Kids Growing Up on Farms Less Likely to Have
WEDNESDAY, Feb. 23 (HealthDay News) -- In a European study that
echoes the findings of other scientists, researchers have found
that children who grow up on farms are less likely to develop
The risk of asthma was reduced by as much as 51 percent for
children living on farms, and researchers suspect that it's the
diversity of exposure to different microbes that may offer
protection against the airway disease.
"The risk of asthma decreased with an increase in the diversity of microbial exposure," said study author Dr. Markus Ege, a researcher at Munich University Children's Hospital in Germany.
"Within the microbial spectrum under investigation, several germs with a potential for asthma prevention were identified," he added.
Results of the study are published in the Feb. 24 issue of the
New England Journal of Medicine.
Asthma is a chronic lung disease that causes inflammation of the
airways. This inflammation narrows the airways, making it difficult
to breathe. Symptoms include wheezing, coughing, chest pain and
tightness, and shortness of breath, according to the National
Heart, Lung, and Blood Institute (NHLBI).
The exact cause of asthma remains unknown. People with a family
history of the disease are more likely to develop asthma,
suggesting a possible genetic component to the disease. But
environmental exposures, such as encountering certain viruses, are
also associated with the development of the condition, according to
Numerous studies have also found that exposure to a variety of
microbes in the environment, such as bacteria or fungi, appear to
provide protection against asthma, perhaps by helping the body
create a tolerance for allergens.
And, other research has found that children living on farms --
especially those exposed to cows, pigs and hay -- seem to be less
likely to have asthma and allergies.
Exactly how exposure to a variety of microbes might protect
against asthma is still unclear, researchers noted.
"How these microorganisms reduce the asthma risk remains largely unknown," said Ege. "A combination of environmental microorganisms might stimulate the innate immune system and counterbalance an asthma-prone immune status. Alternatively, the diversity of microbial exposure might prevent specific [disease-causing] microorganisms with an asthma-inducing potential."
The current study assessed the incidence of asthma in children
living on farms compared to children without farm exposure in two
different groups of youngsters. The researchers also tested dust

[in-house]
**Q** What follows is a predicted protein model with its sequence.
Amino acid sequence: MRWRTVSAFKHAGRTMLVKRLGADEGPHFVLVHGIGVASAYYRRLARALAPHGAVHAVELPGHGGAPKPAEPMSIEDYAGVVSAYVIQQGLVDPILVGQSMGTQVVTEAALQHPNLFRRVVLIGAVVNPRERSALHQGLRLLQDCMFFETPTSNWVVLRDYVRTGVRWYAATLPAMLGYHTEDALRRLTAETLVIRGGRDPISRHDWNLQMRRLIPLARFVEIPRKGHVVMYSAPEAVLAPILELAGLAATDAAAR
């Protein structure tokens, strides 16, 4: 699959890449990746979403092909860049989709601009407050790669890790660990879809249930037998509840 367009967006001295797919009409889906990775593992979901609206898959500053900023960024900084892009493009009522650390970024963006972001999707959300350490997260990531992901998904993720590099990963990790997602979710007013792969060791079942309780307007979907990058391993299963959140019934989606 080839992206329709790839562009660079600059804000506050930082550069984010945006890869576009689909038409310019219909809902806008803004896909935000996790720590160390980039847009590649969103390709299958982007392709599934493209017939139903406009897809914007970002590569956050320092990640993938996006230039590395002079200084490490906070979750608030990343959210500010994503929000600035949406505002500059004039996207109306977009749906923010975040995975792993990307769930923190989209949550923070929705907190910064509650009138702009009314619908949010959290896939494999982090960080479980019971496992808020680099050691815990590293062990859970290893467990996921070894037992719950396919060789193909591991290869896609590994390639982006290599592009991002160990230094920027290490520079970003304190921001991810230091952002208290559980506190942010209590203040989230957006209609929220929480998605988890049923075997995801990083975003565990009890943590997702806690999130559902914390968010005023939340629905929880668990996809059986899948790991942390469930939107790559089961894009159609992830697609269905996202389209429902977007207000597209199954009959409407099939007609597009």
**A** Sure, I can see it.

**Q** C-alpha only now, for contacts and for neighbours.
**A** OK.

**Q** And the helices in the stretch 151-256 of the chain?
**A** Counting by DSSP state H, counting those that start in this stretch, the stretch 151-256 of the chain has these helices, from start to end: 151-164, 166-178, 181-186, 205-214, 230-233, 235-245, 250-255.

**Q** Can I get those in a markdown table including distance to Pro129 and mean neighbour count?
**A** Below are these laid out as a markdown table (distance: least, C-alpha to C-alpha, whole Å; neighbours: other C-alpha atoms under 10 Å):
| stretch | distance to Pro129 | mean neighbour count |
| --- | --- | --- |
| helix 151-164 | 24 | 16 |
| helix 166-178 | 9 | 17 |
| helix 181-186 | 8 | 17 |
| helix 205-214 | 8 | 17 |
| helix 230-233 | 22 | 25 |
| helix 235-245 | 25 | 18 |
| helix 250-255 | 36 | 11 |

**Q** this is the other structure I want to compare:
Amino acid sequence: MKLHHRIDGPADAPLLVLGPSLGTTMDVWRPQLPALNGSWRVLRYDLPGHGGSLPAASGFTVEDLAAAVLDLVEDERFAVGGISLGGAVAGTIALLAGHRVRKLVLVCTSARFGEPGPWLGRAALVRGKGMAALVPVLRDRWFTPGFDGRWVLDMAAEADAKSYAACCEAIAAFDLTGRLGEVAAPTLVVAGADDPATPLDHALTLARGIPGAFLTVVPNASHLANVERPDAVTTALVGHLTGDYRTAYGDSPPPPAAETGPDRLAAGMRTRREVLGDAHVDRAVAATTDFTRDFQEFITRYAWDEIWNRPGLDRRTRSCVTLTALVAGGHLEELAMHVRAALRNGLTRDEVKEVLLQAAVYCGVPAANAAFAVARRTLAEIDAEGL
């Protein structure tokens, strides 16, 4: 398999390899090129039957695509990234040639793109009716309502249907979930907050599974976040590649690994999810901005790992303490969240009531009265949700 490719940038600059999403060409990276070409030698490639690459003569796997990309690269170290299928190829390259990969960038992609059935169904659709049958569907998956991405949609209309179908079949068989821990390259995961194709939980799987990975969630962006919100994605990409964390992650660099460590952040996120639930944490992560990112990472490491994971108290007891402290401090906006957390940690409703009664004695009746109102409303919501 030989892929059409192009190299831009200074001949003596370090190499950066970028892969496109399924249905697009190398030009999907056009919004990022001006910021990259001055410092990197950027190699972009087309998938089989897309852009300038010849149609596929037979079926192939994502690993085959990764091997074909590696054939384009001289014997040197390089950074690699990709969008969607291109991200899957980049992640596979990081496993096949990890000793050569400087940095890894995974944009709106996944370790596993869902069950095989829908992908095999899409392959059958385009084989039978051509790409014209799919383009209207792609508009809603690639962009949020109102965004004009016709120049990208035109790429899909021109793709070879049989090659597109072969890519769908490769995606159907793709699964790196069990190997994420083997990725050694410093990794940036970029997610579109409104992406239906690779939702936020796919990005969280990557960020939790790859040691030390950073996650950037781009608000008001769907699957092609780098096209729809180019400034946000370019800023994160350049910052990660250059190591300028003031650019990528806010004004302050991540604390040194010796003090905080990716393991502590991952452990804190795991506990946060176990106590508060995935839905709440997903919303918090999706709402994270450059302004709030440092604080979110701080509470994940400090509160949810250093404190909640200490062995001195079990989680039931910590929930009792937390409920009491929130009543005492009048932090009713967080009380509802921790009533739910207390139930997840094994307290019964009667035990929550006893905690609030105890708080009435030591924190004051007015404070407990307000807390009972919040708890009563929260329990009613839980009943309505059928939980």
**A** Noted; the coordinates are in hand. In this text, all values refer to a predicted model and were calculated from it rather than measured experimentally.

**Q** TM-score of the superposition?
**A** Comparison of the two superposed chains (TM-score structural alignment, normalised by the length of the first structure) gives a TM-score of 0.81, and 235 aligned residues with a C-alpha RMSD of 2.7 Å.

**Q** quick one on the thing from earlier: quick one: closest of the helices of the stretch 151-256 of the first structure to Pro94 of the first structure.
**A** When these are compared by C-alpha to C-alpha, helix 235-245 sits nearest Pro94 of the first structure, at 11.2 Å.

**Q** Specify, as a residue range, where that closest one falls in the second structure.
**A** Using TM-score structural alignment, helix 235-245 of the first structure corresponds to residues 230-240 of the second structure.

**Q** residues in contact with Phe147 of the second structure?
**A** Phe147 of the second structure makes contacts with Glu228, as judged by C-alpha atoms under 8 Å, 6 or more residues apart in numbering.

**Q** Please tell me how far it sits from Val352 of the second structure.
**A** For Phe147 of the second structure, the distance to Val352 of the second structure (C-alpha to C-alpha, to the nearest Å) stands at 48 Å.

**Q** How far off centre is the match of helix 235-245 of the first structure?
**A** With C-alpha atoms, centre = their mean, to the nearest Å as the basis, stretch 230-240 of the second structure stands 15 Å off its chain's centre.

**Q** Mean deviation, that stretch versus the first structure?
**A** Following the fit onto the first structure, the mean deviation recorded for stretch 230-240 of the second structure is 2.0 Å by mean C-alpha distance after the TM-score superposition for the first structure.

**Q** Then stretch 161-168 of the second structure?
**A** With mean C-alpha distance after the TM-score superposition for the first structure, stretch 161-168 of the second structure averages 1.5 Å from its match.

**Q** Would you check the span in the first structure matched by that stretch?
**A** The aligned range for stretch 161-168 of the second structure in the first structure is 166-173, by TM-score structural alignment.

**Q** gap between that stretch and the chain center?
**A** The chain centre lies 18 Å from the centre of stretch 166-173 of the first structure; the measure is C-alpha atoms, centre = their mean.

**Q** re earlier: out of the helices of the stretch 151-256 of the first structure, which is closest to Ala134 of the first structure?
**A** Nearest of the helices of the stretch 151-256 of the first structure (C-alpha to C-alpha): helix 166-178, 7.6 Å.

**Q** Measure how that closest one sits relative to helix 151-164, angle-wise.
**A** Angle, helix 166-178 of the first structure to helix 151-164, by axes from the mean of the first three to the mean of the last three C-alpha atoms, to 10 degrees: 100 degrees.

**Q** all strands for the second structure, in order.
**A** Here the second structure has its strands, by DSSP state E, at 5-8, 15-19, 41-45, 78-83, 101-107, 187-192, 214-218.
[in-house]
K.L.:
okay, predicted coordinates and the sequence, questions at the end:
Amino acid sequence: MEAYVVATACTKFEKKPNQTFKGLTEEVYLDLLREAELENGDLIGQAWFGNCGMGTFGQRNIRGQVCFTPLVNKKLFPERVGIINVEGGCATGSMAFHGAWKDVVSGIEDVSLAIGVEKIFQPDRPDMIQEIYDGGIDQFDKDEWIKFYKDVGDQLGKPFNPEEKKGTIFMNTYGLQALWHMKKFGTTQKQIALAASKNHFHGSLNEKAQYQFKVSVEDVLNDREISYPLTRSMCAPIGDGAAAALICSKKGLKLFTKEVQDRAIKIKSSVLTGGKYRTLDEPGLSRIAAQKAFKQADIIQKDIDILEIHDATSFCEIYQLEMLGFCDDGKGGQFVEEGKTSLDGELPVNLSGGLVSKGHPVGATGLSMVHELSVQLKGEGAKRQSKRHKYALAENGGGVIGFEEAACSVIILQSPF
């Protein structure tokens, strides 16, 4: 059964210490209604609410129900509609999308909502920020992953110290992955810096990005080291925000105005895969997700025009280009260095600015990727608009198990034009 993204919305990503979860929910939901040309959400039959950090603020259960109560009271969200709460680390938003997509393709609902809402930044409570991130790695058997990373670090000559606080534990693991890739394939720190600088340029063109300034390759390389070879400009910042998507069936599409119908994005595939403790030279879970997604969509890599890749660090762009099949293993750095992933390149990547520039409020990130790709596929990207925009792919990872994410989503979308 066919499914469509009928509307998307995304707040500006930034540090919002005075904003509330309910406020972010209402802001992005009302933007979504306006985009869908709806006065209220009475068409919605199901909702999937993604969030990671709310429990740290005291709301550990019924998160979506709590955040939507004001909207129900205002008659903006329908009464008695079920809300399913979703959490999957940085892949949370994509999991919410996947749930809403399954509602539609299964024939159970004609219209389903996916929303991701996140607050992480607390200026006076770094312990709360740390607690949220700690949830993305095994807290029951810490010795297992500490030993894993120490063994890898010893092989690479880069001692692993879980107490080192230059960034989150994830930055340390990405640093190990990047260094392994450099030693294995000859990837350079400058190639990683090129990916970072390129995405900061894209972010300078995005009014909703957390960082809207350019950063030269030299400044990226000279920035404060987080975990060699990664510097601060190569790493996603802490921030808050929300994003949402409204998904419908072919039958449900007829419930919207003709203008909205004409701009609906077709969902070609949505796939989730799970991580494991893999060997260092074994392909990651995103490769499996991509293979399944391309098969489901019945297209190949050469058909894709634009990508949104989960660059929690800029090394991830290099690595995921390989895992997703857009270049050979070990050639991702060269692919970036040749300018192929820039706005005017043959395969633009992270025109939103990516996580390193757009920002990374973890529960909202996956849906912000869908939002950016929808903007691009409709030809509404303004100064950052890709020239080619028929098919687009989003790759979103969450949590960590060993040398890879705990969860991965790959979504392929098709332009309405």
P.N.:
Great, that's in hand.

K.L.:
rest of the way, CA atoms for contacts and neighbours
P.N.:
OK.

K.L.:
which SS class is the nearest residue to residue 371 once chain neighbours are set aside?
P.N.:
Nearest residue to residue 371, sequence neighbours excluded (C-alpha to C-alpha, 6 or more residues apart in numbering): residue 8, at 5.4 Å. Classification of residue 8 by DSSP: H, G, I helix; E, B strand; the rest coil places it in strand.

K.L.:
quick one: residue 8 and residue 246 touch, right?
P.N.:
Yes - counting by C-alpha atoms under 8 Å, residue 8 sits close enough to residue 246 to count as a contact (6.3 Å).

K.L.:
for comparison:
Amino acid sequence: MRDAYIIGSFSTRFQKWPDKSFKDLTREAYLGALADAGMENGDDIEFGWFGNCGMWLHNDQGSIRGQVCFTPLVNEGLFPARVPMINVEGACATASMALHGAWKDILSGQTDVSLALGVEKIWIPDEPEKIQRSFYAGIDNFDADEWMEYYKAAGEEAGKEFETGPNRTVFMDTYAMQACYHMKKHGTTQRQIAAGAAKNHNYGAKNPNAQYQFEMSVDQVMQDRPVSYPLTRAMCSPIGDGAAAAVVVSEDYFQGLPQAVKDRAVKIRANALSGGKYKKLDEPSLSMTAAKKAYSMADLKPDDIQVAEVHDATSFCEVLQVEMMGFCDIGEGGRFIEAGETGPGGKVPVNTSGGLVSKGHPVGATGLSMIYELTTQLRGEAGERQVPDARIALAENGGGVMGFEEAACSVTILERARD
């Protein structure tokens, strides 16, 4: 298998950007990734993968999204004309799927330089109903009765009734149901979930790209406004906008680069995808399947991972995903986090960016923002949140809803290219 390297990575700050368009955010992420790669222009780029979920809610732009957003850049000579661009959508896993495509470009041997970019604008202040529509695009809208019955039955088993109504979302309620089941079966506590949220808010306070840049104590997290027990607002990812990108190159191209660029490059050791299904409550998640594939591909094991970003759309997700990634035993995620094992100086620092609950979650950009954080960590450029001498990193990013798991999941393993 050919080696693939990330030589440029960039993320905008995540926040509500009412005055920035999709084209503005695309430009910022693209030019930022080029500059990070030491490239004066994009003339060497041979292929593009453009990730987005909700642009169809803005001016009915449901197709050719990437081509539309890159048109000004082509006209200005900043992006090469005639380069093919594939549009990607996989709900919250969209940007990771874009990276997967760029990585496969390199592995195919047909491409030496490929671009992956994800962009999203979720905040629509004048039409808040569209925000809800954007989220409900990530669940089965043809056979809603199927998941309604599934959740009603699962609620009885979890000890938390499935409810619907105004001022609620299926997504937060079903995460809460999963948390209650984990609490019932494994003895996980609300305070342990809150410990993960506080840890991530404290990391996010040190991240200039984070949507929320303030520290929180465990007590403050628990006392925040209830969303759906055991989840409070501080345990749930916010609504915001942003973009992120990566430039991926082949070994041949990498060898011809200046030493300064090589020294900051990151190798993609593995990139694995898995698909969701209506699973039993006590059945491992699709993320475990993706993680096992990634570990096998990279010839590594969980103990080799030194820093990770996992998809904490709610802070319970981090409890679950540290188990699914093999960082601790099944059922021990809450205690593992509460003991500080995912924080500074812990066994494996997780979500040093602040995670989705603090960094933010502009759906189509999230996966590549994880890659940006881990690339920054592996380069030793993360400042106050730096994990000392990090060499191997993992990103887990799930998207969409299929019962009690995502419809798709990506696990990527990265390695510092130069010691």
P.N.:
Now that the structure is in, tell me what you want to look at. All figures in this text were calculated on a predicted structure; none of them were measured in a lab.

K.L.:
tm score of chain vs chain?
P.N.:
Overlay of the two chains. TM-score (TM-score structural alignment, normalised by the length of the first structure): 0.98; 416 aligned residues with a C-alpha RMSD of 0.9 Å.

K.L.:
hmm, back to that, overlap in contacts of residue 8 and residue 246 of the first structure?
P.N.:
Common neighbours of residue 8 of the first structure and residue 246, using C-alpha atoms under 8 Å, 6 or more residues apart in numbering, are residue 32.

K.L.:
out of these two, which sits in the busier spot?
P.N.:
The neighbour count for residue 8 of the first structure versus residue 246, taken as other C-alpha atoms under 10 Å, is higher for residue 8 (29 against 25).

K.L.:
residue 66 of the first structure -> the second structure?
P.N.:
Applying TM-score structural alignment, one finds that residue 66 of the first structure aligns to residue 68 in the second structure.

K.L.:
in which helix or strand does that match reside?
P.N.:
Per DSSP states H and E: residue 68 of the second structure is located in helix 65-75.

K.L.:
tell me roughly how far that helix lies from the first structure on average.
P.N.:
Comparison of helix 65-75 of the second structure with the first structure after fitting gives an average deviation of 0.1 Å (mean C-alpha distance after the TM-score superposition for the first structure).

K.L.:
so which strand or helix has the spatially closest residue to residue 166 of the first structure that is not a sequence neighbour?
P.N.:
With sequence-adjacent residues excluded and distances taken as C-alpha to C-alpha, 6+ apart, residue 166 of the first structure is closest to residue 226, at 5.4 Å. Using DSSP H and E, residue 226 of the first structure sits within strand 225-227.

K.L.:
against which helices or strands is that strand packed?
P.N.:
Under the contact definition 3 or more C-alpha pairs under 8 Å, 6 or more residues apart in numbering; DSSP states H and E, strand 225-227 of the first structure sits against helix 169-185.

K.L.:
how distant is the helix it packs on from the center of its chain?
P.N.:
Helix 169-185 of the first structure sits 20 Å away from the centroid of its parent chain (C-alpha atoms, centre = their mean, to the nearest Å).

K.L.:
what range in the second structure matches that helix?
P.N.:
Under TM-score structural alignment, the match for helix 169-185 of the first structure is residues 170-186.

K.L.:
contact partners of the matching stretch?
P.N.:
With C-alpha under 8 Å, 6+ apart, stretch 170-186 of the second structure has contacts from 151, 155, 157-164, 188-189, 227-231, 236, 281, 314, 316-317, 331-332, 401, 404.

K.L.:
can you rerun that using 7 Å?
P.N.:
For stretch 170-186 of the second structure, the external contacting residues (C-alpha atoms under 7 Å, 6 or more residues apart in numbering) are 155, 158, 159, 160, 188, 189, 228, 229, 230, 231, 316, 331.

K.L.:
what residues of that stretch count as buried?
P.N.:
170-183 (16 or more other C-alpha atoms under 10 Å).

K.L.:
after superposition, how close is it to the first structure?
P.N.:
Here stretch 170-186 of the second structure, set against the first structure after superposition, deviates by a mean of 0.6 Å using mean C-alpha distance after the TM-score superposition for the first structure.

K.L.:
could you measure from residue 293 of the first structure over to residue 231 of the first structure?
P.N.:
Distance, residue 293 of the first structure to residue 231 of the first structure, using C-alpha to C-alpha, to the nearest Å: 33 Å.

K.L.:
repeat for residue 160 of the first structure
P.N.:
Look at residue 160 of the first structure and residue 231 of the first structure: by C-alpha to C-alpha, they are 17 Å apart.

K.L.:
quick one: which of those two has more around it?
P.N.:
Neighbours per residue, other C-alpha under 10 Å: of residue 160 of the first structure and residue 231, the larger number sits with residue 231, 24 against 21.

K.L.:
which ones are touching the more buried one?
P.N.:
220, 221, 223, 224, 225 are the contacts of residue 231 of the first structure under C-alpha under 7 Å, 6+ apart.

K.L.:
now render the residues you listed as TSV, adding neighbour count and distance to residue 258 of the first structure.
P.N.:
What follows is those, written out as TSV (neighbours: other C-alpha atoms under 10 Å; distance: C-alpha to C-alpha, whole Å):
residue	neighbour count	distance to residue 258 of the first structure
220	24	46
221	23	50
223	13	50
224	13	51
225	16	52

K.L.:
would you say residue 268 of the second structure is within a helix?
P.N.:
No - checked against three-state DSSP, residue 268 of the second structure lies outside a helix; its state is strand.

samples from the children's bedrooms and mattresses to get an idea
of what type of microbes the children were regularly exposed
The first group of children included 6,843 rural and suburban
elementary school children from southern Germany. This study,
dubbed PARSIFAL, also included dust samples from 489 children's
mattresses. The second study, called GABRIELA, included 9,668
elementary school kids from rural areas of Austria, South Germany
and Switzerland. Dust samples were collected from 444 children's
bedrooms in this study.
House dust from farm homes had a greater variety of bacteria and
fungi, a finding that was statistically related to a lower rate of
In both study populations, youngsters who lived on farms had
lower rates of asthma and allergies, according to the study. In the
PARSIFAL group, the risk of asthma was reduced by 51 percent in
children living on farms. In GABRIELA, the reduction was 24
percent, according to Ege.
The researchers also found that diversity of microbial exposure
lowered the odds of asthma by 38 percent in the PARSIFAL population
and by 14 percent in GABRIELA, according to the study.
"Not all microbes are detrimental; some are beneficial for asthma and allergies," explained Ege. But, he cautioned that this doesn't mean that dirt or microbes in general should be considered healthy, or that parents should try to deliberately expose their children to microbes.
"There are enormous numbers of different microorganisms which affect human health by various measures and in opposite directions. There are still dangerous infections, which should be prevented by vaccination or treated with antibiotics," Ege stressed.
One expert who wrote an accompanying editorial in the same
journal noted that it was "of critical importance" to figure out
how microbe exposure affects the biology of the lungs and immune
"This study shows that kids who grow up on farms are less likely to develop asthma, but I don't think there's anything that can be applied to treatment right now," said Dr. James Gern, a professor of pediatrics and medicine at the University of Wisconsin School of Medicine and Public Health in Madison.
"As we learn more about what these protective exposures are," he said, "it's possible we could come up with ways to prevent asthma in the future."
Read more about the causes of asthma from the
National Heart, Lung, and Blood Institute.
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